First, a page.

Since CI is comes as the library + an already bootstrapped and spec'd out application structure, the assumption is that by visiting index.php, its actually making a request through the CI controller.. and without any database interaction.

For ZF, this would be by downloading the ZF Quickstart Application.

http://framework.zend.com/docs/quickstart (zip or tar.gz)

To make it fair, I commented out the db ini settings in application/configs/application.ini, b/c the assumption is that since we want as close to apples to apples with raw performance and throughput without any cost of a db connection.

But, I'd like to repeat in general, that Hello World is never a good indicator for "good" or "performant" a framework since we never really ever want to just build "Hello World" as an application. When you take in the aspects I mentioned above in addition to raw performance, you start to see a balanced framework (IMO) when it comes to enterprise development needs.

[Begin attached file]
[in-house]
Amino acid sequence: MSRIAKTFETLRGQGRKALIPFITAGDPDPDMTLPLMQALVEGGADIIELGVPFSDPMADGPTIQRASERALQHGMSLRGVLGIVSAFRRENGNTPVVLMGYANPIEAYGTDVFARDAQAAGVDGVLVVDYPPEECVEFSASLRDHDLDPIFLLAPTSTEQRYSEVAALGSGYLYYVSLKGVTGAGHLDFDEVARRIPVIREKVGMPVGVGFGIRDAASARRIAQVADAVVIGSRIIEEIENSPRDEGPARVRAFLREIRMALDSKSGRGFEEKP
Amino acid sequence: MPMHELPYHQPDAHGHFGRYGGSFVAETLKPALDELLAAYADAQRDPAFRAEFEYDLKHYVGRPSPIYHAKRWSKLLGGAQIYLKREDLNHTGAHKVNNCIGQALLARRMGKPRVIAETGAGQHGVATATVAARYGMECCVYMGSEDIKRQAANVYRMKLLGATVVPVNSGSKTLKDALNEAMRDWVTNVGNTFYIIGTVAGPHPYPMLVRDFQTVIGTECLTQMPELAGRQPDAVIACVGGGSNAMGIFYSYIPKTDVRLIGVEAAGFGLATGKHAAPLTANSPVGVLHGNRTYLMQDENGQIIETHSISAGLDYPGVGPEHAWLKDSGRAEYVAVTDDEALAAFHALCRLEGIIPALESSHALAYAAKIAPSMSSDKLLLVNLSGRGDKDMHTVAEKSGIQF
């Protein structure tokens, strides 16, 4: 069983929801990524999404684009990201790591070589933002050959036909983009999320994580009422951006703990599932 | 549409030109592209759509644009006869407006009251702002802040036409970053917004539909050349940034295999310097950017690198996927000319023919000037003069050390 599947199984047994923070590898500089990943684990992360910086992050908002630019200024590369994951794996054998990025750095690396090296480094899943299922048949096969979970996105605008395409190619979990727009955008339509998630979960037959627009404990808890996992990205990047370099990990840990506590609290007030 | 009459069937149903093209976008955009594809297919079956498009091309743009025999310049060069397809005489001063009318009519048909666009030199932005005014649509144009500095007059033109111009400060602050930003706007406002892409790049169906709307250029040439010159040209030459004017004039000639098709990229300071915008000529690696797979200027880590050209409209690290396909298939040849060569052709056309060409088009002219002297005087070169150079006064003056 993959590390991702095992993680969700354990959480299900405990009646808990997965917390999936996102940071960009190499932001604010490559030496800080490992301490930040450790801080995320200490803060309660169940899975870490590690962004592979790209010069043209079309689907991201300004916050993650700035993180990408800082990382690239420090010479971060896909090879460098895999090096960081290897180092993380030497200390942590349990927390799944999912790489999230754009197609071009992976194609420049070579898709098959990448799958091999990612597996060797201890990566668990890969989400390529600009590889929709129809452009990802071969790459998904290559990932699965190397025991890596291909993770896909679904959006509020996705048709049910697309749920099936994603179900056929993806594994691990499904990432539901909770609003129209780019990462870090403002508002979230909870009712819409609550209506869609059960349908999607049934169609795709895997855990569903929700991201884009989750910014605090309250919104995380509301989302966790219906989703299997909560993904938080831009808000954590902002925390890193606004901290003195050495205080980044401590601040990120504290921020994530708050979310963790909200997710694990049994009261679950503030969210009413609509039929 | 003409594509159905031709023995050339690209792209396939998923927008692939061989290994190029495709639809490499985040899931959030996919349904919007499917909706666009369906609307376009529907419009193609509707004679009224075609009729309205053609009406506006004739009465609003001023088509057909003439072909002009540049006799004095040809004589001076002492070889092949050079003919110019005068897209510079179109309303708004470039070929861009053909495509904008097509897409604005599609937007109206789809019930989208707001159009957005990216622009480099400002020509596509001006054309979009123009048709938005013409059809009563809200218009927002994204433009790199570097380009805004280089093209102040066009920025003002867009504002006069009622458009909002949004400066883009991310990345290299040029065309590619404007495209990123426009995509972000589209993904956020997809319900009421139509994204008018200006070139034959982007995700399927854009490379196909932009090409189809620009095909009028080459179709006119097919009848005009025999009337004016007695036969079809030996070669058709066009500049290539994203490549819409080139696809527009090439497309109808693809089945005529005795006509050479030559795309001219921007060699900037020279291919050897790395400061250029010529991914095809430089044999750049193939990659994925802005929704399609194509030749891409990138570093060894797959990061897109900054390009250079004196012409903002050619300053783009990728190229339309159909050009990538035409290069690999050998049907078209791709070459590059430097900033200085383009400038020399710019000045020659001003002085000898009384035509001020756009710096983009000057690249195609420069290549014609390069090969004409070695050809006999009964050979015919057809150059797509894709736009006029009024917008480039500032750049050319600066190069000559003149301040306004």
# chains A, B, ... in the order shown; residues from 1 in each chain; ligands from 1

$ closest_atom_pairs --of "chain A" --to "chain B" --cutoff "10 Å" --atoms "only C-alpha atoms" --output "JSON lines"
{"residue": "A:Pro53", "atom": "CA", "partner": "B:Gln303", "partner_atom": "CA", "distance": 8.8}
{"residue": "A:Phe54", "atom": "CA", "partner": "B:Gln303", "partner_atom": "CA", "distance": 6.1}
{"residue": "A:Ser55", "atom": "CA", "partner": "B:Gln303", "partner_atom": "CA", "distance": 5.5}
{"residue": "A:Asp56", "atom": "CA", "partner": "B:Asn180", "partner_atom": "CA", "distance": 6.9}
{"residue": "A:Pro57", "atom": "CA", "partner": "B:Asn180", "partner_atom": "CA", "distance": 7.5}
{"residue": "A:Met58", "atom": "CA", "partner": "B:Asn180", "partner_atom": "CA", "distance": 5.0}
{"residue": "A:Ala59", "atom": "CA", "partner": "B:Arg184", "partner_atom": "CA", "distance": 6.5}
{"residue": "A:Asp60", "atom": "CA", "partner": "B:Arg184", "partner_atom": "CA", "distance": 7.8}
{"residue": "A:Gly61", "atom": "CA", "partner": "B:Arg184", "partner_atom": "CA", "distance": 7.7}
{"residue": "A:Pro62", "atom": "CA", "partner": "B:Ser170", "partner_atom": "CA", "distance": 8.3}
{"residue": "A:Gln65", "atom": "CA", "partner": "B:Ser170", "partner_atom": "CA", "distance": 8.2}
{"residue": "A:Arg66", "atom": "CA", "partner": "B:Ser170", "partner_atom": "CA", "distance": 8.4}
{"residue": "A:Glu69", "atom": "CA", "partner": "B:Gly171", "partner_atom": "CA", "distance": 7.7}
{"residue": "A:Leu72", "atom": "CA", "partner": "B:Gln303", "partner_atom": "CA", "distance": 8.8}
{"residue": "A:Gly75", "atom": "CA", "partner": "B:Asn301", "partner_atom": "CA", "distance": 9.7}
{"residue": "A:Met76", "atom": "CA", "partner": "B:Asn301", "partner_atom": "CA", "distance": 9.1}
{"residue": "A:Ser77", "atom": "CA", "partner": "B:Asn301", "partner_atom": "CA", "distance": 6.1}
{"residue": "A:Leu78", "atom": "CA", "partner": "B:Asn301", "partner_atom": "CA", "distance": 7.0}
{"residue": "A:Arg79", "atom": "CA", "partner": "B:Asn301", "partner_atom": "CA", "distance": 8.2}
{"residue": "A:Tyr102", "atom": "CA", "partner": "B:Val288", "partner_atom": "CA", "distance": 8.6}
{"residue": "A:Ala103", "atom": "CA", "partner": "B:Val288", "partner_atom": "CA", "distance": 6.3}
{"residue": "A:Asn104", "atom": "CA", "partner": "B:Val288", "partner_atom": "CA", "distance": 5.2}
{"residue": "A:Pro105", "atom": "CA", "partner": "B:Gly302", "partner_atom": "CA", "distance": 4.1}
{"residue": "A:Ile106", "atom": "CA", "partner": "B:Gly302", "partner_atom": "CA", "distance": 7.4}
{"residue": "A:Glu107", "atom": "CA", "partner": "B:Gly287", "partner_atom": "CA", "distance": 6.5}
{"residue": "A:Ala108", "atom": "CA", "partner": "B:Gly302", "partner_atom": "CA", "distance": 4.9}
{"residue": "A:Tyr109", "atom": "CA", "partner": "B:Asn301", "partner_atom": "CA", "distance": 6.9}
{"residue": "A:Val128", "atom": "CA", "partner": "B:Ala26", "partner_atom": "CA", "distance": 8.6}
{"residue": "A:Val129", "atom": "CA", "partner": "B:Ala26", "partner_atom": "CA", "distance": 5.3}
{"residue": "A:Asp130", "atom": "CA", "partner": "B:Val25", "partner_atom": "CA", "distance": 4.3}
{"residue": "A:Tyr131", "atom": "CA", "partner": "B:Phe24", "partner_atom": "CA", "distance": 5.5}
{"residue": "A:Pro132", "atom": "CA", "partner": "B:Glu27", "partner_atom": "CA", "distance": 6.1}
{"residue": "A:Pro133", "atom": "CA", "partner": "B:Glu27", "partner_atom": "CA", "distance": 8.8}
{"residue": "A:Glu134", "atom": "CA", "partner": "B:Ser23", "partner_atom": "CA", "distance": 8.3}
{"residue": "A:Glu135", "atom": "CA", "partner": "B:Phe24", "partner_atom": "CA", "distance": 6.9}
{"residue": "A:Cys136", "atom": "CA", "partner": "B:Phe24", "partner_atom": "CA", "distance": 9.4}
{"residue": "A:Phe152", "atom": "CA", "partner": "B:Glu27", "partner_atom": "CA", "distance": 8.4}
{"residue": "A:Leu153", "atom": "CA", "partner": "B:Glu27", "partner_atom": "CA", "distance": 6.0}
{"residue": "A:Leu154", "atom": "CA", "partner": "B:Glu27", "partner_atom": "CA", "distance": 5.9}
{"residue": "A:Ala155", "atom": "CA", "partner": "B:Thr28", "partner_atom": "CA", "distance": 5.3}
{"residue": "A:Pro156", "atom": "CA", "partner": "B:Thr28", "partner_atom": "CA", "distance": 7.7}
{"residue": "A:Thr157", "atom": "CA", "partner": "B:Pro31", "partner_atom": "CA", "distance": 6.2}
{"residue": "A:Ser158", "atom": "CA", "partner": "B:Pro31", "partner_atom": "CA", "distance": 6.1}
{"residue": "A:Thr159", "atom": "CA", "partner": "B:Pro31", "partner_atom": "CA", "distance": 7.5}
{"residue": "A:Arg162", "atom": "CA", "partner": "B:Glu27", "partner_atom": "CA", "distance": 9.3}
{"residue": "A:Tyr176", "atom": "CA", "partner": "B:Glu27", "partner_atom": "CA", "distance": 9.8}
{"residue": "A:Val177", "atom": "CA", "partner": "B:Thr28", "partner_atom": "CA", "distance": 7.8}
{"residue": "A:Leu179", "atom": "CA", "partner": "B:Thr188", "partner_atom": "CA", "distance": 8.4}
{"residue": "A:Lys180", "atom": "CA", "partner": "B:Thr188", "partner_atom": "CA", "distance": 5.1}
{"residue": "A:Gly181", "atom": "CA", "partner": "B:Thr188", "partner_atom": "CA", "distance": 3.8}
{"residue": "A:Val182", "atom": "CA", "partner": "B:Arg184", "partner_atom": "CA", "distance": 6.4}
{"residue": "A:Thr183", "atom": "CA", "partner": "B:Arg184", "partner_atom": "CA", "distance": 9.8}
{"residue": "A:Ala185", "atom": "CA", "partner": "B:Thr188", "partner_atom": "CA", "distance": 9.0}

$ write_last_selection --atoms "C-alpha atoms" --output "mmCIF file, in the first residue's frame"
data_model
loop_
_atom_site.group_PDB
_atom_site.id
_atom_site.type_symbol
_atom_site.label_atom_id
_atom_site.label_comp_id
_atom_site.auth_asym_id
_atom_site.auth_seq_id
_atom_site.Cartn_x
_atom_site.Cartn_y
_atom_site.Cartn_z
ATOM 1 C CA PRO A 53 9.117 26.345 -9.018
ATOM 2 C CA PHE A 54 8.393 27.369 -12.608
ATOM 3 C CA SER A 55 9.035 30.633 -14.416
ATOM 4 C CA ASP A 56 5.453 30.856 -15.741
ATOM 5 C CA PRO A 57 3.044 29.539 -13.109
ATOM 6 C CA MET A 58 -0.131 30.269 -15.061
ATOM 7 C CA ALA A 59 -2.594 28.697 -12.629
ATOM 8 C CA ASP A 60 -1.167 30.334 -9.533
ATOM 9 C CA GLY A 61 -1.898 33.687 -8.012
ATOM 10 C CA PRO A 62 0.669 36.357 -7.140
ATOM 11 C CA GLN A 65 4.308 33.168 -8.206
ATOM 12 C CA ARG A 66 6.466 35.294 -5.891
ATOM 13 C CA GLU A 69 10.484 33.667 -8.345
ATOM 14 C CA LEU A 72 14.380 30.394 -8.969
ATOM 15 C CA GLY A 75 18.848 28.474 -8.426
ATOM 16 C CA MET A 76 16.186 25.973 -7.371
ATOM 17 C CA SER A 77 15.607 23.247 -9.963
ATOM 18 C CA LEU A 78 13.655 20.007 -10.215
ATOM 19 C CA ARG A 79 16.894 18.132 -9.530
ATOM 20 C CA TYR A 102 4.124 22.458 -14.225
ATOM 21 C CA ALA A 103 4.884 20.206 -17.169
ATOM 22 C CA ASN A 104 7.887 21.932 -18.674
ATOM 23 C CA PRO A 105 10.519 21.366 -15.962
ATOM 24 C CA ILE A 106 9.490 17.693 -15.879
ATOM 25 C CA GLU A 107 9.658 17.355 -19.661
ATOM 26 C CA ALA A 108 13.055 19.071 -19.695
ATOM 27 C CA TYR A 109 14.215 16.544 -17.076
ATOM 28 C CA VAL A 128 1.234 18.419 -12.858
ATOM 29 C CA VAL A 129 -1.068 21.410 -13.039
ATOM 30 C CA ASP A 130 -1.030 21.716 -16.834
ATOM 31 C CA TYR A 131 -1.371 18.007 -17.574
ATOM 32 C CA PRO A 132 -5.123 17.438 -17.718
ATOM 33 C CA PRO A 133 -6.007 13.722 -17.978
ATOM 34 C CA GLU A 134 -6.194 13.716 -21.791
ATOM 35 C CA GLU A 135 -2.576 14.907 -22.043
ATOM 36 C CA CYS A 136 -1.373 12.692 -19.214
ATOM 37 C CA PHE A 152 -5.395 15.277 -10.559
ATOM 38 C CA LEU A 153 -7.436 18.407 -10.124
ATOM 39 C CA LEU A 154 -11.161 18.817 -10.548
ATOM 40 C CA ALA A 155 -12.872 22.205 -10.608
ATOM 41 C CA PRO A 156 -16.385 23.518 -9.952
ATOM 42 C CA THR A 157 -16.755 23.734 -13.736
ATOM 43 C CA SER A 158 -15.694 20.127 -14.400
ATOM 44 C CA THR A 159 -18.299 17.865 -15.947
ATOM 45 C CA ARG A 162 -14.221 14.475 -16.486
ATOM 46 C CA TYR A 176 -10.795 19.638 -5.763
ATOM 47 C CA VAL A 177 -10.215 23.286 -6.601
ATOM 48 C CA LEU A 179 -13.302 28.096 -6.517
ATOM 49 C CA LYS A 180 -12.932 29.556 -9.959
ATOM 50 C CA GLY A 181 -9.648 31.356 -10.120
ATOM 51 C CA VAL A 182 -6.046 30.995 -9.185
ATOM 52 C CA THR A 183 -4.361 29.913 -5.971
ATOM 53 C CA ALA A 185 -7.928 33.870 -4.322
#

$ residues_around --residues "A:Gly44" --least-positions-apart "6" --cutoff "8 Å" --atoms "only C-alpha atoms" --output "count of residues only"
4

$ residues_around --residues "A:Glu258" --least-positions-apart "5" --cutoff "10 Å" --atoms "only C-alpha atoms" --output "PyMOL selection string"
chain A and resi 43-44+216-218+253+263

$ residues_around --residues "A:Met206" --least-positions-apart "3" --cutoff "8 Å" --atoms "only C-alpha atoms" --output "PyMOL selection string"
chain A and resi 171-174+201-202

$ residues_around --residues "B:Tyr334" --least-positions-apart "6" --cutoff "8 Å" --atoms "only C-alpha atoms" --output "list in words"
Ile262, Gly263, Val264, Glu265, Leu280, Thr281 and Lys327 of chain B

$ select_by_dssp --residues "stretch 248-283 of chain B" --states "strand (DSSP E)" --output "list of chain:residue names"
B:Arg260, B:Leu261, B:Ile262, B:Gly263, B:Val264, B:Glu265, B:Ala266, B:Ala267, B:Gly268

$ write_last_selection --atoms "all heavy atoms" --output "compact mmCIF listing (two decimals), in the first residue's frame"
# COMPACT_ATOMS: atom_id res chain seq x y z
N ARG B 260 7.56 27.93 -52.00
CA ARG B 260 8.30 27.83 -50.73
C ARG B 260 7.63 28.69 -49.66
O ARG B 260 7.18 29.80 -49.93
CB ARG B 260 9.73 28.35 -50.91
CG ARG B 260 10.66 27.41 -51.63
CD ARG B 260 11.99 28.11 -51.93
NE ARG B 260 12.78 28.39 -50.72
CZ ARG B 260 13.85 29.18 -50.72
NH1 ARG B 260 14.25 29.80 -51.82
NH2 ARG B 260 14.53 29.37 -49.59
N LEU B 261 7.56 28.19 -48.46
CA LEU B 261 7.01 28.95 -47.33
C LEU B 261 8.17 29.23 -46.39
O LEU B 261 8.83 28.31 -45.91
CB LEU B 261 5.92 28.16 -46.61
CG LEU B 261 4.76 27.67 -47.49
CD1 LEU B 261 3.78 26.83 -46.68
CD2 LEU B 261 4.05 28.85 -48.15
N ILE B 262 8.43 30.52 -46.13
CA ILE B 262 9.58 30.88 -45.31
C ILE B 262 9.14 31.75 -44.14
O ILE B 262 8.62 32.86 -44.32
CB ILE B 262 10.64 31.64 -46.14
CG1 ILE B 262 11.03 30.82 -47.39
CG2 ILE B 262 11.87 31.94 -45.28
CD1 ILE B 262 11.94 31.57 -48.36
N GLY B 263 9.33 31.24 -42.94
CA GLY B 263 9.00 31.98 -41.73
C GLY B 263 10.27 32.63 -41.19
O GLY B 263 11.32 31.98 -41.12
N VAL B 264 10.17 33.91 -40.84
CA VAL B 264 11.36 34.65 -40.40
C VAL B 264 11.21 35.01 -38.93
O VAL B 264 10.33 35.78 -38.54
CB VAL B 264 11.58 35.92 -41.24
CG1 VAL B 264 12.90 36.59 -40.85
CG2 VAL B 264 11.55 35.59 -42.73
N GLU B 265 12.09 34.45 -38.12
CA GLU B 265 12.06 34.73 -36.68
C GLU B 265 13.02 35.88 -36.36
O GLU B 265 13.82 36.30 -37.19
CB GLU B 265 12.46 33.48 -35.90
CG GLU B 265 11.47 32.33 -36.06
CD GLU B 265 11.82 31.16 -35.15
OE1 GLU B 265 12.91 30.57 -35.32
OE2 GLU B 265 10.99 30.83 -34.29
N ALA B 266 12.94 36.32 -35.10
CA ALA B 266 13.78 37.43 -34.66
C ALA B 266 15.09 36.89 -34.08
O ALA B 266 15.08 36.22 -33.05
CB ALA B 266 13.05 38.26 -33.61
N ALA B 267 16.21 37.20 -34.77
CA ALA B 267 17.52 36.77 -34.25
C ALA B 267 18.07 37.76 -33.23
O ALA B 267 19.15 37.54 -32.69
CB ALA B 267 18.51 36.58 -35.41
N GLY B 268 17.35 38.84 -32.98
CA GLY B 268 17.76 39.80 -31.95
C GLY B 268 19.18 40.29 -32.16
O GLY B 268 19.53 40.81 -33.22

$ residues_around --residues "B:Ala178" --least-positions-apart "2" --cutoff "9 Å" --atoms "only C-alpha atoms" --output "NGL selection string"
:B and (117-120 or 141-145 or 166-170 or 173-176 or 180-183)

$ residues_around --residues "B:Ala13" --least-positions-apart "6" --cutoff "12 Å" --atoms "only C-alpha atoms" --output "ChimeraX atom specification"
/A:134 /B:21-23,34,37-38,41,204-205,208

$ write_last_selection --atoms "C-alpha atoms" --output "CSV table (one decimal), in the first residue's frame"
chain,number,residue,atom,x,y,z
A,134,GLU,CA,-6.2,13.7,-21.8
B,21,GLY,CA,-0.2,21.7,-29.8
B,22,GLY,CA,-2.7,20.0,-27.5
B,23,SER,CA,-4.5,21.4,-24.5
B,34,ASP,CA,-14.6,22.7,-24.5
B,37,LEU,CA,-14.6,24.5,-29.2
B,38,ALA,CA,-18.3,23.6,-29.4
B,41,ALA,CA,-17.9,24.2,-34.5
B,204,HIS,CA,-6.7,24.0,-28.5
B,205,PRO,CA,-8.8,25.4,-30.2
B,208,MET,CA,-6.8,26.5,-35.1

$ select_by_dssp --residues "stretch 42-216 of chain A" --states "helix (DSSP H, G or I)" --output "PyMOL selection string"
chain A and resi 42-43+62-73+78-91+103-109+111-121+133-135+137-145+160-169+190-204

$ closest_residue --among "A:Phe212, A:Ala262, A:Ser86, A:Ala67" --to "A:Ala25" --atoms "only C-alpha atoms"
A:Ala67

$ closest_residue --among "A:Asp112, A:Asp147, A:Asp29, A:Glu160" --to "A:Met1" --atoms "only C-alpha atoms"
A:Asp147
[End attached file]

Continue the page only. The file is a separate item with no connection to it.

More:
Your mileage may vary of course, but I'll continue to look back at this post to see if you have any further questions in your research of both frameworks.

Ralph Schindler
Zend Framework

Our University is starting to try and push Zend Framework... but it seems like it might not be the right choice. I'm a developer and I've spent a good hour + trying to setup Zend Framework and have yet to even get Hello World.

First off, you have to modify the php.ini include_path to get it to work.
Secondly you have to compile the project from the command line.. yet when I tried it, the RecursiveFilterIterator.php file was missing..... how could this be?

/zf.sh create project quickstart

Warning: require_once(Zend/Tool/Framework/Loader/IncludePathLoader/RecursiveFilterIterator.php): failed to open stream: No such file or directory in /Users/scottamort/Projects/zf-1.9/library/Zend/Tool/Framework/Loader/IncludePathLoader.php on line 31

Fatal error: require_once(): Failed opening required 'Zend/Tool/Framework/Loader/IncludePathLoader/RecursiveFilterIterator.php' (include_path='/Users/scottamort/Projects/zf-1.9/library:.:') in /Users/scottamort/Projects/zf-1.9/library/Zend/Tool/Framework/Loader/IncludePathLoader.php on line 31
U52:bin scottamort$ ls ../library/Zend/Tool/Framework/Loader/IncludePathLoader/RecursiveFilterIterator.php